By Josh Originally drafted July 11, 2016. Posted March 10, 2018
Congratulations! You’ve decided to put your retirement future in your own hands and open an Individual Retirement Arrangement (IRA). But which should you choose, a Traditional IRA or a Roth IRA?
A Traditional IRA allows an individual to invest money pre-tax. That is the one true time when you can “Pay Yourself First”, even before Uncle Sam gets his hands on part of your paycheck. Investments grow tax-deferred, and you pay ordinary income taxes when you withdraw the money in retirement.
A Roth IRA is an account whereby the individual invests money after tax has already been paid. The same contribution limit of $5,500 still applies (in 2018), so why invest after-tax dollars? Upon the age of 59.5, all of the money in a Roth IRA can be withdrawn tax-free, because taxes were already paid in the current year, none are due on the investment dollars, nor the growth on those dollars.
So how do you decide which is right for you? It depends on your outlook.
If you expect tax rates to go up in the future, or you will have more income that puts you into a higher tax bracket, it might make sense to pay the income taxes today and invest in a Roth IRA for tax-free retirement dollars later.
If you have a high salary today and plan to live on less income in the future, a Traditional IRA is the way to go, to lower your taxable income in the present and pay taxes in a lower tax bracket in the future.
If you aren’t sure what to think, it is possible to split your $5,500/year investment into both. This year I already maxed out my IRA contributions, with $3,000 going into Traditional IRA (to lower my current taxes) and $2,500 into my Roth IRA (to give me tax-free withdrawals in retirement).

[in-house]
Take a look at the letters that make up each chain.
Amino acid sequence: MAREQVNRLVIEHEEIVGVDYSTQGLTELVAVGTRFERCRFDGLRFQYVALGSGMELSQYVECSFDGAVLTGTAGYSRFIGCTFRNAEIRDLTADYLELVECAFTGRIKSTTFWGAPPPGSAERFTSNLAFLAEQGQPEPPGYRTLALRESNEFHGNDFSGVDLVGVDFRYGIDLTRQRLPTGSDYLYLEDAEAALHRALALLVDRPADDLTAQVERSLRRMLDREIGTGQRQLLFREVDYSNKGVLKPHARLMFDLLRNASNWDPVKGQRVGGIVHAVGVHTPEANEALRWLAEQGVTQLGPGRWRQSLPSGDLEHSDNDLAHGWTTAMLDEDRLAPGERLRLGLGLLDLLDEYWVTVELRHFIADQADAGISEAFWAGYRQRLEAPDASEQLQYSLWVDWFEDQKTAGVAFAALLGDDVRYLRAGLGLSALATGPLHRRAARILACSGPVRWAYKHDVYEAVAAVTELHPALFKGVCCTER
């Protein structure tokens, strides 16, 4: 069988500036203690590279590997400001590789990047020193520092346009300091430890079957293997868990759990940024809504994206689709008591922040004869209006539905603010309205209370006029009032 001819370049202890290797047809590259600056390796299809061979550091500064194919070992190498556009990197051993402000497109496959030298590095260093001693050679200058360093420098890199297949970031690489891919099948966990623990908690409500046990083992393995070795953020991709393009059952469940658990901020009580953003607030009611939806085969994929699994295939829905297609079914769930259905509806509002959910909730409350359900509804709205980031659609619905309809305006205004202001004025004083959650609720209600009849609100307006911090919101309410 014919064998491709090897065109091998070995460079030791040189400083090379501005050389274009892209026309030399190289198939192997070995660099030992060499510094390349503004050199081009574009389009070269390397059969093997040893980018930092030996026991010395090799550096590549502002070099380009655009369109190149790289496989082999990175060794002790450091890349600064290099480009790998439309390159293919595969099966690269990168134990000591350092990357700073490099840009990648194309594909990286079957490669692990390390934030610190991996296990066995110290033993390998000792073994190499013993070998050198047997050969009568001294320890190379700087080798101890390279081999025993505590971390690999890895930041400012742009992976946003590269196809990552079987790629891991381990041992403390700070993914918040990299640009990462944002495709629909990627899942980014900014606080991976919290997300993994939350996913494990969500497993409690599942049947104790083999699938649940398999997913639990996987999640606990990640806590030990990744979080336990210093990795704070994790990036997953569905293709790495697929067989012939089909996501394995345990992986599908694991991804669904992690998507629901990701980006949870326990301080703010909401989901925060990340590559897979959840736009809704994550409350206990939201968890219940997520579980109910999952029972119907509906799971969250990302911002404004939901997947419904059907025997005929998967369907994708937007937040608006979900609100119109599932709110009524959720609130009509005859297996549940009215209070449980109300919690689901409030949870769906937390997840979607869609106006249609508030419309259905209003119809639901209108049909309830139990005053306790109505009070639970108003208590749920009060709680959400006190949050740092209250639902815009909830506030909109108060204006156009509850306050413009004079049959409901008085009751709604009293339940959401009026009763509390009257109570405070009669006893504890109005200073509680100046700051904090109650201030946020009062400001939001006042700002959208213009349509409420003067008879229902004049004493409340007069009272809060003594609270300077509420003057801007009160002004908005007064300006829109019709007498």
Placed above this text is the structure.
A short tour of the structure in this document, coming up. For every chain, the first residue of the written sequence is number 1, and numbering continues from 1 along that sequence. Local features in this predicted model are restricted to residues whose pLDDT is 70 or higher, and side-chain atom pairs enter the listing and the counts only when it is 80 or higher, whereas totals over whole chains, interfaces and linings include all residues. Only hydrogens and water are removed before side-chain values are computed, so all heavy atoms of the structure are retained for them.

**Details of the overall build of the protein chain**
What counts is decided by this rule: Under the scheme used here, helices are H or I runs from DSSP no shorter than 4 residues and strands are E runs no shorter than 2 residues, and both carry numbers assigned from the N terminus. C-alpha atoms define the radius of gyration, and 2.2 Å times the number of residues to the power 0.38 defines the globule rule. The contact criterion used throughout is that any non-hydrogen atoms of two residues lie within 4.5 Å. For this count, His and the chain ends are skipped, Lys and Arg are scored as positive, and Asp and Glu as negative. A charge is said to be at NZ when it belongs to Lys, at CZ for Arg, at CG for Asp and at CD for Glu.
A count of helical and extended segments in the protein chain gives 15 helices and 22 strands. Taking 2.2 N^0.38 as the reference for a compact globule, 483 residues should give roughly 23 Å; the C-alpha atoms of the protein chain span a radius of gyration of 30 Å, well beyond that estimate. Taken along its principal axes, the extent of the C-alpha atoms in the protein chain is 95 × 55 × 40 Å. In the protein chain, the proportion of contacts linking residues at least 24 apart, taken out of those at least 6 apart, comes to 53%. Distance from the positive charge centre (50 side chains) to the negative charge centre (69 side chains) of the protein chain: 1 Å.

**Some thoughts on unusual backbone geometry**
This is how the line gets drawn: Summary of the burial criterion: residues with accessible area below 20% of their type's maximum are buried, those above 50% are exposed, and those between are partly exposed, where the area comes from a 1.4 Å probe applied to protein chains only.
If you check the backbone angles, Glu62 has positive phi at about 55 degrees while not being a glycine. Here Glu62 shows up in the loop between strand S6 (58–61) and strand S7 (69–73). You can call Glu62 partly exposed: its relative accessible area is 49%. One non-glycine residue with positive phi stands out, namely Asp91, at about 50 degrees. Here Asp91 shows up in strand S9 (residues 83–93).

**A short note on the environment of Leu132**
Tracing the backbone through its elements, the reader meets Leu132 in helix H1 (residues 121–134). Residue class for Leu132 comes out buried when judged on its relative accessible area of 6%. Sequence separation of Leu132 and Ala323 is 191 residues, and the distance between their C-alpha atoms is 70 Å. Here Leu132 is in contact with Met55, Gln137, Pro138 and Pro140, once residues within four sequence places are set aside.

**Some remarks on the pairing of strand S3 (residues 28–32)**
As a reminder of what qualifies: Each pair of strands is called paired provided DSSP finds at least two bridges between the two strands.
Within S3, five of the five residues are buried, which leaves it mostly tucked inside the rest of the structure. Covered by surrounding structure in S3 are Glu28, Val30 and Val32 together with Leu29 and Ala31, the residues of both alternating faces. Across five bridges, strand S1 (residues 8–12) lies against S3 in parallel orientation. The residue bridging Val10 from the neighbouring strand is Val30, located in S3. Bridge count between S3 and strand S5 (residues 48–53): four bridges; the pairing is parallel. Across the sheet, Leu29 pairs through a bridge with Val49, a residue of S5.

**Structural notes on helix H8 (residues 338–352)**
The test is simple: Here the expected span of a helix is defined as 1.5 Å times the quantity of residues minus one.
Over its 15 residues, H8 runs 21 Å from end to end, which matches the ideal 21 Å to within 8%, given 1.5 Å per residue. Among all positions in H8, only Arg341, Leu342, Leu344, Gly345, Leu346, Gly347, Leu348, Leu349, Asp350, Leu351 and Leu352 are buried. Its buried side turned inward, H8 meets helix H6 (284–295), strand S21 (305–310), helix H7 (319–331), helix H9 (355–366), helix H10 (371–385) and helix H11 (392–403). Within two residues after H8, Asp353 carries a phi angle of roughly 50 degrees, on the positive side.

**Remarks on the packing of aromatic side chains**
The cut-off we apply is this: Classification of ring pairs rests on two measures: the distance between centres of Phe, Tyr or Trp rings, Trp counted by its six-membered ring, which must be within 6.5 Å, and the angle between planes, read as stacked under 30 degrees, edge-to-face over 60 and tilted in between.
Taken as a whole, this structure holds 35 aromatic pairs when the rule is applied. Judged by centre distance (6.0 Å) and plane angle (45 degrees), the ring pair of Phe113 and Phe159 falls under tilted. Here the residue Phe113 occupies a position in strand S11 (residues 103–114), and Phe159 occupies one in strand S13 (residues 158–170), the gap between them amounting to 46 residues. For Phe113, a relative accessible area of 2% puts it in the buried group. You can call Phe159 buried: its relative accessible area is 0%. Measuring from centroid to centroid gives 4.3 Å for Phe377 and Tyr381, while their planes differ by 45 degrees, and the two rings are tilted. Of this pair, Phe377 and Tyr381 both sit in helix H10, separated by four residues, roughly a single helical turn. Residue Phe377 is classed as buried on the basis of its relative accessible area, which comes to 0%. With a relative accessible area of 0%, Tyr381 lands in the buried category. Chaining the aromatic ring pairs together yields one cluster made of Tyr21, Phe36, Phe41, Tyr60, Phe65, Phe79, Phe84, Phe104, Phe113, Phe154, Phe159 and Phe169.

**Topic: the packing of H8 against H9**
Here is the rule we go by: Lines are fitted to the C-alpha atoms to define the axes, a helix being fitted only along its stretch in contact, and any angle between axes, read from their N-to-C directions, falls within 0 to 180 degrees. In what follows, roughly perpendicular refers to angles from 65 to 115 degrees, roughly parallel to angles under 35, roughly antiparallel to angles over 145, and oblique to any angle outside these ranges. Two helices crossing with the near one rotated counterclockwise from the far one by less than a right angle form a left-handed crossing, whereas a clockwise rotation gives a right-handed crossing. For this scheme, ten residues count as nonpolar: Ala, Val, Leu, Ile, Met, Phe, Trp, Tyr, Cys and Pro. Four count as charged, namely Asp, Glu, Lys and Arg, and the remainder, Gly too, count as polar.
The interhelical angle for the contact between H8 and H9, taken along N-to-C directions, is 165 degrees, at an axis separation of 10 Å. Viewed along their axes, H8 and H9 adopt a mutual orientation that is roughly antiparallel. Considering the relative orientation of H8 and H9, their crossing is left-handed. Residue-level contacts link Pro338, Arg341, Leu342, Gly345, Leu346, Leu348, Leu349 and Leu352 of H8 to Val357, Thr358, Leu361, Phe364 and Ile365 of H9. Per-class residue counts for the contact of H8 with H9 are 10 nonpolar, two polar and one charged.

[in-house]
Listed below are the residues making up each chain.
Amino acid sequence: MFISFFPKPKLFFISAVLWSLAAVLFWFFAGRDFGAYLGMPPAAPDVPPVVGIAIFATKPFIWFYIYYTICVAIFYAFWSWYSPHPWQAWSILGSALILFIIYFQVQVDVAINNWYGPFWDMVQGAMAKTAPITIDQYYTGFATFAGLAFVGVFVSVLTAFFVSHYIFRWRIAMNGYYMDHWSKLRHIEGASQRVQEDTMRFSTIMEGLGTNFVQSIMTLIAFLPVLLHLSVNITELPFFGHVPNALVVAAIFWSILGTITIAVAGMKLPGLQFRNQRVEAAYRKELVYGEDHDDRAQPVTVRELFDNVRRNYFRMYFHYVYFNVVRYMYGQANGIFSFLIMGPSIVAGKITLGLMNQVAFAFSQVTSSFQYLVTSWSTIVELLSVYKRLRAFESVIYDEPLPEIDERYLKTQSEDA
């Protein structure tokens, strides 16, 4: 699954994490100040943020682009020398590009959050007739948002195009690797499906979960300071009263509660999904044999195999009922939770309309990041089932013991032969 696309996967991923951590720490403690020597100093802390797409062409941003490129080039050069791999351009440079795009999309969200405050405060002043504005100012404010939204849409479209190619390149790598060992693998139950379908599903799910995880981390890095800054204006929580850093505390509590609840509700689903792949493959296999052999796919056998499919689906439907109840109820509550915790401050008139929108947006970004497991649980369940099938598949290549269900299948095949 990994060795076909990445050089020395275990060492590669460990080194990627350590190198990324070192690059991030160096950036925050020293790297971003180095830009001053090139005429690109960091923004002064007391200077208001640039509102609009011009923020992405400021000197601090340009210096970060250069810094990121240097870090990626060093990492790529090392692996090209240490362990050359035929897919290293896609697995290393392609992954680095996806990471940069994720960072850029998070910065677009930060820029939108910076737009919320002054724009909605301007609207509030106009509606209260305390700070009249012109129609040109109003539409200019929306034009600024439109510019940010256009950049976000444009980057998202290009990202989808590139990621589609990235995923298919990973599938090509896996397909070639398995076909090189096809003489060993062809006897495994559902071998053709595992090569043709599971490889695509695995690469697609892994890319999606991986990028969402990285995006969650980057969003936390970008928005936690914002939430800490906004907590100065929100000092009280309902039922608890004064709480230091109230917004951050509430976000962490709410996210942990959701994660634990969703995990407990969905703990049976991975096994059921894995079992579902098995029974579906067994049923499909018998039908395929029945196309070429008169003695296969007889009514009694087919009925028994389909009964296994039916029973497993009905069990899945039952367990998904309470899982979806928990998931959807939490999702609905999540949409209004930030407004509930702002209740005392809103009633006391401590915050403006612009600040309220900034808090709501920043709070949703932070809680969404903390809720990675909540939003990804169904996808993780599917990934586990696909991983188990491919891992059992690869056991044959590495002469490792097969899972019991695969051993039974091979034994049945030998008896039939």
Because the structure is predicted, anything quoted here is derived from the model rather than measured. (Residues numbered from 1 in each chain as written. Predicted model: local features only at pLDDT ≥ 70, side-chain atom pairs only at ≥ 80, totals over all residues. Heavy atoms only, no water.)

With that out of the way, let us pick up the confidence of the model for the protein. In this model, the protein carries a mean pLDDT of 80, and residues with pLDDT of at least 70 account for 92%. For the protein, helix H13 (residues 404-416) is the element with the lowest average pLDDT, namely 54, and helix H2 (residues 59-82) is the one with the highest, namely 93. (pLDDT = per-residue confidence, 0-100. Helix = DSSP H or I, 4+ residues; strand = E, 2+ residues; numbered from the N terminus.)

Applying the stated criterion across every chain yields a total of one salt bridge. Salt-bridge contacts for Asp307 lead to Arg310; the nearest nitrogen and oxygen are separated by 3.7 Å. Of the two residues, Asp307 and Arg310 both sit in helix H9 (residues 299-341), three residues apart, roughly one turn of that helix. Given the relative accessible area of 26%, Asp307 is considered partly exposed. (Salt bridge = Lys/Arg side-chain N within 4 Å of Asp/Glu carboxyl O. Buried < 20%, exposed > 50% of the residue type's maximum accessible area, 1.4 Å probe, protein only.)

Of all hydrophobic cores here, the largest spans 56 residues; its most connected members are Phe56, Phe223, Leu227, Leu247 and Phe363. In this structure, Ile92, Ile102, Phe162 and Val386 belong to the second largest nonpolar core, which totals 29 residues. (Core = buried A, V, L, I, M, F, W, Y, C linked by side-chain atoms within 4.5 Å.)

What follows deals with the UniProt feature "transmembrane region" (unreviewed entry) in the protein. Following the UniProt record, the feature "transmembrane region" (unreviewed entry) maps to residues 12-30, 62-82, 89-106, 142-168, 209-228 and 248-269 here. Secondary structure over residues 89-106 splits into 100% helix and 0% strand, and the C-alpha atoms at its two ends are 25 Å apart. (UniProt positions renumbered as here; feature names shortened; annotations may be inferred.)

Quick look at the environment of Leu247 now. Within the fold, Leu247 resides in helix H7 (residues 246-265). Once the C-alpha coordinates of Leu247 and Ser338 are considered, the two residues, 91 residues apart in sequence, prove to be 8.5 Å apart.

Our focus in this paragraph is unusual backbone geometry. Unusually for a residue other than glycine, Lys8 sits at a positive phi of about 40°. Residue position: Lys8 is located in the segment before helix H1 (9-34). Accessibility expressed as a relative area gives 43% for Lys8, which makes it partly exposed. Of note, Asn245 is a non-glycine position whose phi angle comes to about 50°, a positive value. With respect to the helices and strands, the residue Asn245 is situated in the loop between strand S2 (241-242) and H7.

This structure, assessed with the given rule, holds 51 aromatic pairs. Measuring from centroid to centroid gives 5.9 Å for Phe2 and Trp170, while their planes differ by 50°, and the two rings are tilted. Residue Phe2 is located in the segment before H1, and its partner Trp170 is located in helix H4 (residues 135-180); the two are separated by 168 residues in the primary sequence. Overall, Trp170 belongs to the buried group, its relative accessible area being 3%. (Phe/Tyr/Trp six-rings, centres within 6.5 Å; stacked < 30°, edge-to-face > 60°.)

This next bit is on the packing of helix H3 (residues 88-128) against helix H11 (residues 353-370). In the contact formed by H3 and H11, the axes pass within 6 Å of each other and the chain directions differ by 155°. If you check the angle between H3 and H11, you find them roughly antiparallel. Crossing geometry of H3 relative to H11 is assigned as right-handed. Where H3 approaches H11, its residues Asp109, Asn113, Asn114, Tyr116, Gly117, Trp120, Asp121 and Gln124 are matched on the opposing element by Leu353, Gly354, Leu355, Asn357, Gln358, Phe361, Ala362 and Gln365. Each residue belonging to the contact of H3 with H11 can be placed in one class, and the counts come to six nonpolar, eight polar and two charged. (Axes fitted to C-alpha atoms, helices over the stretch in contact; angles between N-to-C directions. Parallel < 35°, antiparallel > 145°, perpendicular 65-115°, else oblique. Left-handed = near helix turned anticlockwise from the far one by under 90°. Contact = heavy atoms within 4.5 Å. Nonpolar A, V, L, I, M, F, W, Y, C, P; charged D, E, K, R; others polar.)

Another consideration is what types of investments you will be making with each account. Some investments such as stocks or REITs pay dividends, which may be treated as taxable income. Consult a tax professional to see what is right for your preferred investment choices.
Some people prefer the Traditional IRA because $5,500 of your annual income can go straight to the account and you’ve met your annual maximum contribution and will reduce your taxable income by $5,500. On the other hand, one must earn $6,160 before taxes (assuming 12% for this example) to earn $5,500 after taxes for the maximum Roth IRA contribution, and there are no tax benefits in the current year.
There are income limitations for Roth IRA contributions, which vary depending on marital status. Some people have figured out a back-door Roth conversion from Traditional IRA contributions, but taxes must be paid in the year of the conversion.
A final word on the Traditional vs. Roth IRA battle royale is that there is no wrong decision. In fact, it may be useful to employ any of the different combinations explained above, including contributing to a Traditional IRA during your working years, and then using a Roth IRA conversion ladder as your income shrinks in retirement. Many Early Retirees use this strategy to combine the tax benefits during their working years with the tax-free income benefits during early retirement.